Three shows debuted over the holiday weekend: Rollergirls, Flavor of Love, and Celebrity Fit Club 3

With 2006 came the debut of two new reality series, and a new season of an old show.

A&E’s anticipated new series Rollergirls debuted last night at 10. The first episode was, however, oddly coma-inducing. With a team named the “Putas Del Fuego,” drama including vandalism and drunken fights, a cast member named Venis Envy, and roller-skating action that has more violence than a WWE match, the show should have been an instant classic. But the first episode was dreadfully boring–at least until the roller derby action started. But even that was completely confusing way, and thus the excitement quickly faded.

Perhaps that’s the point, because the series is edited and shot more like a documentary than a reality show, and lacks urgency and tension. That feel has drawn others to the show; YuppiePunk’s review asks, “whether the documentary feel and the girls’ brash personalities will turn audiences away,” arguing that “the show’s first three episodes were much classier than we expected.”

Also this past weekend, VH1 kicked off a new Sunday Celebreality block. A third edition of Celebrity Fit Club led the way, followed by a brand-new show, Flavor of Love. The Bachelor format is so tired that I’ve yet to be able to watch the DVRed episode, but if anyone can resurrect a subgenre, it’s Flava. All three shows repeat throughout the week if you were face down in an alley somewhere and missed them.

Rollergirls [A&E]
Flavor of Love and Celebrity Fit Club 3 [VH1]

The Sing-Off loses its star

Ben Folds

NBC's super-fun December a capella singing competition The Sing-Off is returning, but without its star judge, Ben Folds, and only as a two-hour special. Those are really depressing changes for a series that proved itself to be a super-fun show when it returned last December.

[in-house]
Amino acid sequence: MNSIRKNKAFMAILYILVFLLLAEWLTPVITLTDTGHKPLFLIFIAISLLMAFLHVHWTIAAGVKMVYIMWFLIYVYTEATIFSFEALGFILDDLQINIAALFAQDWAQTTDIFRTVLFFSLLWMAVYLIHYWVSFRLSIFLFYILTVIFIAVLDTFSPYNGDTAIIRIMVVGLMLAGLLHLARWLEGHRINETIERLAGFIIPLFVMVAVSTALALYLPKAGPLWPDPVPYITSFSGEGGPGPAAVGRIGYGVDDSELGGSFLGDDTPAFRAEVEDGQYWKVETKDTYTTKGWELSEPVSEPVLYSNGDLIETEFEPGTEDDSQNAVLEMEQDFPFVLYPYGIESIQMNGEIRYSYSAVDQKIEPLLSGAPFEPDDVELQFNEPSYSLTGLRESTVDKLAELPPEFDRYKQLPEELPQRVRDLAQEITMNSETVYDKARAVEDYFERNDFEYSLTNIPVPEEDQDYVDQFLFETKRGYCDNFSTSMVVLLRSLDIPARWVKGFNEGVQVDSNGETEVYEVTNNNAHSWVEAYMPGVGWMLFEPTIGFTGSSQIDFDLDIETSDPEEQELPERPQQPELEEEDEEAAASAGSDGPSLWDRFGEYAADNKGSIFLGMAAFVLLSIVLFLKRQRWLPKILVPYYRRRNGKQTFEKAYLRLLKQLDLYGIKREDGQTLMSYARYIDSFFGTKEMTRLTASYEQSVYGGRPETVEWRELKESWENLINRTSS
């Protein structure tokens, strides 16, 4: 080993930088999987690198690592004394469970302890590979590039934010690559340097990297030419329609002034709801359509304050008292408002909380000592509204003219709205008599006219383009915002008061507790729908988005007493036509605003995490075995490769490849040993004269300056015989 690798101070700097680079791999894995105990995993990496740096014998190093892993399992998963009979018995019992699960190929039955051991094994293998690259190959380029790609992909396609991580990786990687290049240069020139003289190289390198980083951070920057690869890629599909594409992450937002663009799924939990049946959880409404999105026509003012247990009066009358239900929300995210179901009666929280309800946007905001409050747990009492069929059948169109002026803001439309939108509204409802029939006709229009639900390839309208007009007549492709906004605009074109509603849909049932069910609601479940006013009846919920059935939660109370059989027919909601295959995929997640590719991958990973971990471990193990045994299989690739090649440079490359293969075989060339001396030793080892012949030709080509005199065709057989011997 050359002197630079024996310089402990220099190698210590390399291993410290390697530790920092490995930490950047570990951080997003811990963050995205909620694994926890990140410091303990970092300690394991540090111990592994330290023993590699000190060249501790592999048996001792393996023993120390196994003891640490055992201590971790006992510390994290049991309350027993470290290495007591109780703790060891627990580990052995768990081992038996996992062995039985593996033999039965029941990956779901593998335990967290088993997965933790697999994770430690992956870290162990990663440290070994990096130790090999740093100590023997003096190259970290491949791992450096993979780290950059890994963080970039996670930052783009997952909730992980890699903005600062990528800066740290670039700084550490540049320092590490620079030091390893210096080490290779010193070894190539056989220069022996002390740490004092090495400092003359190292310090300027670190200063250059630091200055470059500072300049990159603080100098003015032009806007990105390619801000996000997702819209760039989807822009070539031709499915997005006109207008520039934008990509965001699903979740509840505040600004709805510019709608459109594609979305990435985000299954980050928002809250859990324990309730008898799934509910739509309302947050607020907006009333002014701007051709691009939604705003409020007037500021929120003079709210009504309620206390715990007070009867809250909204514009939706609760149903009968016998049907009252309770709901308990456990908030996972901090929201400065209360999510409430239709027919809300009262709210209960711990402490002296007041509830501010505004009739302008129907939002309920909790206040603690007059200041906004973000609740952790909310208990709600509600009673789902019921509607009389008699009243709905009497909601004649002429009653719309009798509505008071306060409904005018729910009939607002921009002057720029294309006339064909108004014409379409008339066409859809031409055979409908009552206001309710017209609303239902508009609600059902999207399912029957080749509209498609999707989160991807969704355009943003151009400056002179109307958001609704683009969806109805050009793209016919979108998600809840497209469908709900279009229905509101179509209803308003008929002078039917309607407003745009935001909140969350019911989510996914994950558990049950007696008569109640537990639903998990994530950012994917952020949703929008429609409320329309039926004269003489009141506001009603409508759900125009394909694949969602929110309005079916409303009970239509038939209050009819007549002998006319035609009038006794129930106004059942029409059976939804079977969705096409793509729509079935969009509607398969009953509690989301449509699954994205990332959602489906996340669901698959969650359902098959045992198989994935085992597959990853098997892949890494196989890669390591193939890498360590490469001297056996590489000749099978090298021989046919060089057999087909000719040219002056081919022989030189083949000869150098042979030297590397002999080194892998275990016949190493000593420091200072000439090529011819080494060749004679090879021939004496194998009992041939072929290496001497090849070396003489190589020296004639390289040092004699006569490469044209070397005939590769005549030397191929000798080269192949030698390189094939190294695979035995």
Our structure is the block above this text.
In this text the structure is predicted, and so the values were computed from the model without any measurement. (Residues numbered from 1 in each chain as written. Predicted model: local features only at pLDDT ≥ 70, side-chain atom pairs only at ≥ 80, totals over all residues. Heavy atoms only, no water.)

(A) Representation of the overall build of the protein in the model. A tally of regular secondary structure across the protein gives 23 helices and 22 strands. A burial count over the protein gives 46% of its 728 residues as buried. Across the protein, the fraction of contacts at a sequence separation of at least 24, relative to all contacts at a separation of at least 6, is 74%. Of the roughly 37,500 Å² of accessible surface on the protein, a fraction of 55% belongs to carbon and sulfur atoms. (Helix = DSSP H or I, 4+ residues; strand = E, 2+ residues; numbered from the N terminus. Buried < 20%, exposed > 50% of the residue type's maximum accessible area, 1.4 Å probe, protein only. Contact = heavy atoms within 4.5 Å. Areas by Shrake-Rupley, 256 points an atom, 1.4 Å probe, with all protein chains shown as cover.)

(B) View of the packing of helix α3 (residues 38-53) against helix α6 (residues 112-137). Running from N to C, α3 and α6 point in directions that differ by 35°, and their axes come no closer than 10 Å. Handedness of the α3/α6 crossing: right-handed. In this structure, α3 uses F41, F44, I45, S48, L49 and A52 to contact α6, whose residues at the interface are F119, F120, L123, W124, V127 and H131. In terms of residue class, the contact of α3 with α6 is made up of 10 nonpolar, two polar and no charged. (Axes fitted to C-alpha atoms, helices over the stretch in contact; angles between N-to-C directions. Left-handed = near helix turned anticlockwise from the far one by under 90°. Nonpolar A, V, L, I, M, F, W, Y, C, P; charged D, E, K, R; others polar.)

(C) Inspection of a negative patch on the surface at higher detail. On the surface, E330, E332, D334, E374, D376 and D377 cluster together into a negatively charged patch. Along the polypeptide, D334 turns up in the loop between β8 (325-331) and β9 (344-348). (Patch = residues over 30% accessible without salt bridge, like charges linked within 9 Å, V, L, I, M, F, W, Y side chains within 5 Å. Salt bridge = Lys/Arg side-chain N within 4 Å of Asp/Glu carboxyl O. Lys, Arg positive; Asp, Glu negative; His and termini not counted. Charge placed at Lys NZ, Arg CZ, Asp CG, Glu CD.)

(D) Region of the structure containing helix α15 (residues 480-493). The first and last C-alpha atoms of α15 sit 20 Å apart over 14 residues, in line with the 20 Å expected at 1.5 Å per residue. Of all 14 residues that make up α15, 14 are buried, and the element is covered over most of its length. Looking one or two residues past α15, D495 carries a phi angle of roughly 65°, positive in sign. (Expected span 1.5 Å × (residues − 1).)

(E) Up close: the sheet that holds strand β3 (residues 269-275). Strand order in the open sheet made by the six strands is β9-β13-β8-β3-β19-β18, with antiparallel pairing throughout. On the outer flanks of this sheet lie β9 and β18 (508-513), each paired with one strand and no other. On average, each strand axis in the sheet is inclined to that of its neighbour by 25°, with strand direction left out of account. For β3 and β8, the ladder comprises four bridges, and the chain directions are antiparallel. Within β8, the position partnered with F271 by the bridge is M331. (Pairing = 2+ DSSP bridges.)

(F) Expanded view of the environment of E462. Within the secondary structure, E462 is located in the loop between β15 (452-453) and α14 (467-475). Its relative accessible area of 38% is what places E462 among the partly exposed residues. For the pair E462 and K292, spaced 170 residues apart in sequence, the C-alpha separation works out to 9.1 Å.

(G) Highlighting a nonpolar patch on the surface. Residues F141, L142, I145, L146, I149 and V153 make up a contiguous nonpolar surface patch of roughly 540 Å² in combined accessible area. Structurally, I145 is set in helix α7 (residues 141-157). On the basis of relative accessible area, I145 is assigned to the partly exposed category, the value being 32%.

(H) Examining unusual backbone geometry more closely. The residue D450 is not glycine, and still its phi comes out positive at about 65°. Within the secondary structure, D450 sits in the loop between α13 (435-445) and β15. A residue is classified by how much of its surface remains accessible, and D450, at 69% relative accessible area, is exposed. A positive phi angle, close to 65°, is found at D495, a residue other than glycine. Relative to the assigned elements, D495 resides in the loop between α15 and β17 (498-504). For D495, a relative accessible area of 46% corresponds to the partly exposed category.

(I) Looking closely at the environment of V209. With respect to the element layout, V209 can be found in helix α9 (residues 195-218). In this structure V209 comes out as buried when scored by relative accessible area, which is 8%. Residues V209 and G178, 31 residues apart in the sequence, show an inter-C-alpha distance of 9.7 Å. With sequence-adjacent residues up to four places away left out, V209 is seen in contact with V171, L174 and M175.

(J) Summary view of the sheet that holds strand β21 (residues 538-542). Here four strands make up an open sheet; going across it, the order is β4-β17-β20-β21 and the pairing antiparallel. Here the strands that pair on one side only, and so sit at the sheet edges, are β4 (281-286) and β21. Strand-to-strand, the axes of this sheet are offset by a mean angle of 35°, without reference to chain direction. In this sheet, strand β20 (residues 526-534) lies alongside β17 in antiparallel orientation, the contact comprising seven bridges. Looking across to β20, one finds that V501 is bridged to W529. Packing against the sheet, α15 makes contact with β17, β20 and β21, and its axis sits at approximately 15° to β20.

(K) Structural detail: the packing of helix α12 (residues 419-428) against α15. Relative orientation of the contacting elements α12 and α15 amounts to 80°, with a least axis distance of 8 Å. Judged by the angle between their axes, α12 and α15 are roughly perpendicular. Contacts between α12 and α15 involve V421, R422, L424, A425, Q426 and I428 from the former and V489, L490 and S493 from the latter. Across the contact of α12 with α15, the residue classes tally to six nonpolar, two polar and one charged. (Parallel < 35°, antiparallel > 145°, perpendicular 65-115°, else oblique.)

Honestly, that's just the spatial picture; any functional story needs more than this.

A film director talks about becoming a reality TV character

Anna Martemucci

What is it like to have your life turned into reality TV? Director Anna Martemucci, one of the two directors featured on Starz' exceptional reality series, talks about that, the competition, and her collaboration with her husband and brother-in-law.

Plus: How the show's producers tried to keep the $250,000 competition fair.

about the writer

Andy Dehnart is a journalist who has covered reality television for more than 15 years and created reality blurred in 2000. A member of the Television Critics Association, his writing and criticism about television, culture, and media has appeared on NPR and in Playboy, Buzzfeed, and many other publications. Andy, 36, also directs the journalism program at Stetson University in Florida, where he teaches creative nonfiction and journalism. He has an M.F.A. in nonfiction writing and literature from Bennington College. More about reality blurred and Andy.